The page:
We were very fortunate to have a four day weekend to celebrate Memorial Day. Friday night we chilled on the couch with burgers and The Office. Saturday we relaxed with coffee for hours, then bought our first grill and made kebabs for dinner. Sunday we hiked at Maisan Provincial Park, and indulged at a Brazilian grill for dinner. Monday we spent the day at Mallipo Beach, then came back and enjoyed sushi at Izmir's Japanese Fusion Restaurant (we think the fusion is between Turkey -Izmir + "turkish" decorations inside- and Japan -they serve sushi and Asian food).
Our plan was to hike the "Horse Ears" at Maisan, but we got to the top of these stairs (there were so many stairs!!) and discovered the trail was currently closed. We were really disappointed, but thought we might be able to catch another trail on the other side of the temple. (Sorry about the thumb in the picture. My cropping is not saving for some reason.)
The lanterns are out to celebrate Buddha's birthday. Inside this temple, a monk is praying to a gold Buddha statue. Everytime we see a temple, a monk, or people practicing Buddhism, I just pray. I pray hard for them to know the Truth.
I think these people are making kimchi. See the kimchi urns on the hillside?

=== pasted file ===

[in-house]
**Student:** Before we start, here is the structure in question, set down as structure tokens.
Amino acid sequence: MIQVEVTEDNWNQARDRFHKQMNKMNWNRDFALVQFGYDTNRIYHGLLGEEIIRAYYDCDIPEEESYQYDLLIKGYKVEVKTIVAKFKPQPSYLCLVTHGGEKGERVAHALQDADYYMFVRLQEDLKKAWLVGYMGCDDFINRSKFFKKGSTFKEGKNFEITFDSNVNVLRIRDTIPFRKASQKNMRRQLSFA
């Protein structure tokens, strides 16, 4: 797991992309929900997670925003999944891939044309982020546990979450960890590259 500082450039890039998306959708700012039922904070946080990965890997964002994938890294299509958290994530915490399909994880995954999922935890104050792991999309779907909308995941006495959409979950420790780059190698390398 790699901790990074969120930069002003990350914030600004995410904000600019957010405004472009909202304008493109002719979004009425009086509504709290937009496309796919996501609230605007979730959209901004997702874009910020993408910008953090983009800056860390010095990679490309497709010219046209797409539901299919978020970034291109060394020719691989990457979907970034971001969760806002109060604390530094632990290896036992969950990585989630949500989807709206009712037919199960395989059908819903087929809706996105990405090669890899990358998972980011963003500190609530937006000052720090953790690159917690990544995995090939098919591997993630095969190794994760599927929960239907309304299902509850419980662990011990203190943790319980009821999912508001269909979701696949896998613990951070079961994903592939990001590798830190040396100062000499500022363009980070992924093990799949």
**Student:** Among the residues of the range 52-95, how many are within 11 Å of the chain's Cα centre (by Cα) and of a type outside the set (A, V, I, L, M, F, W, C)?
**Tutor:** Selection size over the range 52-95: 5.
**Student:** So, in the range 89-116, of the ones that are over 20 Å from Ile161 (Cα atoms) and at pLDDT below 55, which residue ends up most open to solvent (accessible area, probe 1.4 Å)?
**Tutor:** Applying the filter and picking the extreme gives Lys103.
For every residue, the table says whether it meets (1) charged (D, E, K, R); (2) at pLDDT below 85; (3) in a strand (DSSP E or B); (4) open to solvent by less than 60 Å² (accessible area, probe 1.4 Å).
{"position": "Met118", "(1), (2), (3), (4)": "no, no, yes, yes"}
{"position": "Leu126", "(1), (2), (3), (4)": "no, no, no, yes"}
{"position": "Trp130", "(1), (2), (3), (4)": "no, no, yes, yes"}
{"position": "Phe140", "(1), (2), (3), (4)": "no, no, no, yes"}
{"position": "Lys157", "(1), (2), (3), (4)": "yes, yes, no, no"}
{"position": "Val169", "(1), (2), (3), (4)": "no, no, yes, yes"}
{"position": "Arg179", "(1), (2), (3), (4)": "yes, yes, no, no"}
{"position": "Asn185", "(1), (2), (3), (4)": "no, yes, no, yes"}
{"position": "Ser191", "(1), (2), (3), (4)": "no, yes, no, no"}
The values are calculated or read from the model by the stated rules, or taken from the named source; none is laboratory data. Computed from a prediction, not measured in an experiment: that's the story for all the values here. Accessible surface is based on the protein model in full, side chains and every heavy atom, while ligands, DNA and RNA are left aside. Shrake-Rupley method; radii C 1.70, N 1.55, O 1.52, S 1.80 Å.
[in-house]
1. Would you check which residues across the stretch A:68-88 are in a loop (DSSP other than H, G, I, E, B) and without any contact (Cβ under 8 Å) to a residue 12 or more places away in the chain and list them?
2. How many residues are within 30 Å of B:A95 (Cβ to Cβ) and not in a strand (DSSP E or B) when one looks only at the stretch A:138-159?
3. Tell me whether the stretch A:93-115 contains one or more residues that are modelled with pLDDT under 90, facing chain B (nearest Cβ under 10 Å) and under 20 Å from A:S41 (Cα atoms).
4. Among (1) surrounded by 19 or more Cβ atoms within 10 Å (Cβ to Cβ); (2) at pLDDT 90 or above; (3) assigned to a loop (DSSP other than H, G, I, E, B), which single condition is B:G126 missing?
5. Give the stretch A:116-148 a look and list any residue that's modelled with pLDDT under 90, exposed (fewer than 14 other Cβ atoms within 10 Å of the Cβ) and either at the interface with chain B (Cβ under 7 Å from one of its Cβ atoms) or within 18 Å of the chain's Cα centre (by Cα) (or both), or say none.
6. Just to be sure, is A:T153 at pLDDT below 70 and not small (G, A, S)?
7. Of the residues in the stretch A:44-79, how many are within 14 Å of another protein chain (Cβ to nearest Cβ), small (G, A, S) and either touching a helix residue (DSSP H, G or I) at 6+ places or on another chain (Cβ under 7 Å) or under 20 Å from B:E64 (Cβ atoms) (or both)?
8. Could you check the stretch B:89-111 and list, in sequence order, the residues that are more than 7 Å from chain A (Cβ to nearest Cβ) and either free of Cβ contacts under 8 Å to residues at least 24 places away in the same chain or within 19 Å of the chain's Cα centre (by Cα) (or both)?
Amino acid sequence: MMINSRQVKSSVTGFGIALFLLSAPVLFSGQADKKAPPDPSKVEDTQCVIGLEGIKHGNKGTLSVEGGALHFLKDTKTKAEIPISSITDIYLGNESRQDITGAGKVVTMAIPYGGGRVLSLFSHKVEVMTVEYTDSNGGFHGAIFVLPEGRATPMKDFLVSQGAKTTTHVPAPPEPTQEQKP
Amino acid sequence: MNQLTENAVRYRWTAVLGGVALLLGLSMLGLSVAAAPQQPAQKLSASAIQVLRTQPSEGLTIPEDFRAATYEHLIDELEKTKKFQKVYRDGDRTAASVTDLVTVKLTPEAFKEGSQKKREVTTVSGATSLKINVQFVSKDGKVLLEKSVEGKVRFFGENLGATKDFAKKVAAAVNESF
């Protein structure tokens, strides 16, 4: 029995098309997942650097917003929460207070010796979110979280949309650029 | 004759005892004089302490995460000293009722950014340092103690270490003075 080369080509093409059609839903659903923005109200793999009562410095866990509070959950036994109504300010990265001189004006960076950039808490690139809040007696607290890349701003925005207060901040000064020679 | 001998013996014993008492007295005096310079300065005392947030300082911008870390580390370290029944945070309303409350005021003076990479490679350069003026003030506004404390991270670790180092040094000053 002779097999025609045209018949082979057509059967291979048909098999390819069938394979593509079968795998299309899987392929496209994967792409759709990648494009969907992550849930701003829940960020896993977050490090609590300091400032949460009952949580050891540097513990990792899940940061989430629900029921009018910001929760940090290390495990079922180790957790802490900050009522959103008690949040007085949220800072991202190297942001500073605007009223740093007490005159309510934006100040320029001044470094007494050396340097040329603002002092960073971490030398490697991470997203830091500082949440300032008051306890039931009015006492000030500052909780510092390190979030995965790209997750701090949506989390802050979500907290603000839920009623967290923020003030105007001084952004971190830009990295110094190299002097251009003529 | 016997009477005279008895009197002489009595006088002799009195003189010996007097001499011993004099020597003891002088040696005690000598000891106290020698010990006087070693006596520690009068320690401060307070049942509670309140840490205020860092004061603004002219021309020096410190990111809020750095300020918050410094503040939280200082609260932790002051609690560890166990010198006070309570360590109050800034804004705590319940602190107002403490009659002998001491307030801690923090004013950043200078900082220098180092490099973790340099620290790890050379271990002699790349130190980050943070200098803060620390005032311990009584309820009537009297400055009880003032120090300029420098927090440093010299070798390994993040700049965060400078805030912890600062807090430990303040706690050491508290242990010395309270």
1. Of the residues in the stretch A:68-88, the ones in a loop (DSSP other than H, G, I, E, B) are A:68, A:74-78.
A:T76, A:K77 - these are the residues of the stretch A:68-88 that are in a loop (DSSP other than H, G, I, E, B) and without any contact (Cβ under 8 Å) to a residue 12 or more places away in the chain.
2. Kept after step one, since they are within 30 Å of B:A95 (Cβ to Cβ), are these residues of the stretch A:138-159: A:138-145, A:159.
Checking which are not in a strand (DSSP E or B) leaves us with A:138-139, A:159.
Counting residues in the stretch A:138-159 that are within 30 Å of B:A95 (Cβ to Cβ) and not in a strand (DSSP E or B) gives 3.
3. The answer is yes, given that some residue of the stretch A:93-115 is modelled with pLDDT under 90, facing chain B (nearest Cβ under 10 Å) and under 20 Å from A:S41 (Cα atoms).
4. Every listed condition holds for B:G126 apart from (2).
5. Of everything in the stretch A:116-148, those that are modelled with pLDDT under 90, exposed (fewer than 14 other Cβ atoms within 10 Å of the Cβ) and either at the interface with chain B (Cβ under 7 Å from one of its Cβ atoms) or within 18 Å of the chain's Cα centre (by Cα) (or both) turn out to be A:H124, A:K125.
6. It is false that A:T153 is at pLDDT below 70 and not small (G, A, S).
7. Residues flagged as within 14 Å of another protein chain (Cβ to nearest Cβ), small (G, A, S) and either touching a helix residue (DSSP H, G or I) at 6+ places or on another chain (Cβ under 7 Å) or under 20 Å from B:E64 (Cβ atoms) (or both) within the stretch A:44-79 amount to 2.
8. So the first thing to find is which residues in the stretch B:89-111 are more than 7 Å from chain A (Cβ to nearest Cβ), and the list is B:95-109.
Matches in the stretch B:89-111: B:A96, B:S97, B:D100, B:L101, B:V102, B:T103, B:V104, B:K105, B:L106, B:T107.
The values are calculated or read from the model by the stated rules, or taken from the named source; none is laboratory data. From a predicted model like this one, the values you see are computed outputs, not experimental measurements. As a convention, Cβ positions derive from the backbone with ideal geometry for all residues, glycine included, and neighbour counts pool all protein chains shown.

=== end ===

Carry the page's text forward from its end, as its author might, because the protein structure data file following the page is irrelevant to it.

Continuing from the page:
This area was the main attraction. The rock formations that look kind of like cairns are pagodas, made entirely of piled stones without mortar. The picture below is the plaque that describes their story.
The lake offered swan-shaped paddle boats. We thought about renting a few and playing bumper boats, but thought that might be frowned upon. We walked through a market area filled with trinkets to buy and amazing-smelling barbecued ribs or galbi. There was beautiful furniture and pottery. There was also an area with a bunch of birds (peacocks, chickens, pheasants, tropical-looking birds) in cages. I don't know what those were for.
Eventually we came to what looked like a good trail. It took us several miles through the woods. The trail was the most steep I have ever been on. What Korea lacks in elevation it certainly makes up for in grade! These trails did not use switchbacks whatsoever. If the mountain goes straight down or straight up, so do you! At its steepest, there would be a guardrail on the side, which we used to hand-over-hand climb and pull our way to the top. At other places, there were rubber mats covering the hillside to give you traction as you trekked.
It was all worth it for this gorgeous view. Layered mountains with their characteristic gray blue haze is one of my favorite sights in the whole world. This, by the way, is about as clear as it ever gets in Korea.
This is Horse Ear mountain, the one we planned to climb. We hope to come back when the trail is open.
Husband and I: sweaty, tired, and oh-so-happy. Recreation is such a perfect word. I recreate outdoors and my heart and soul are re-created joyful and new.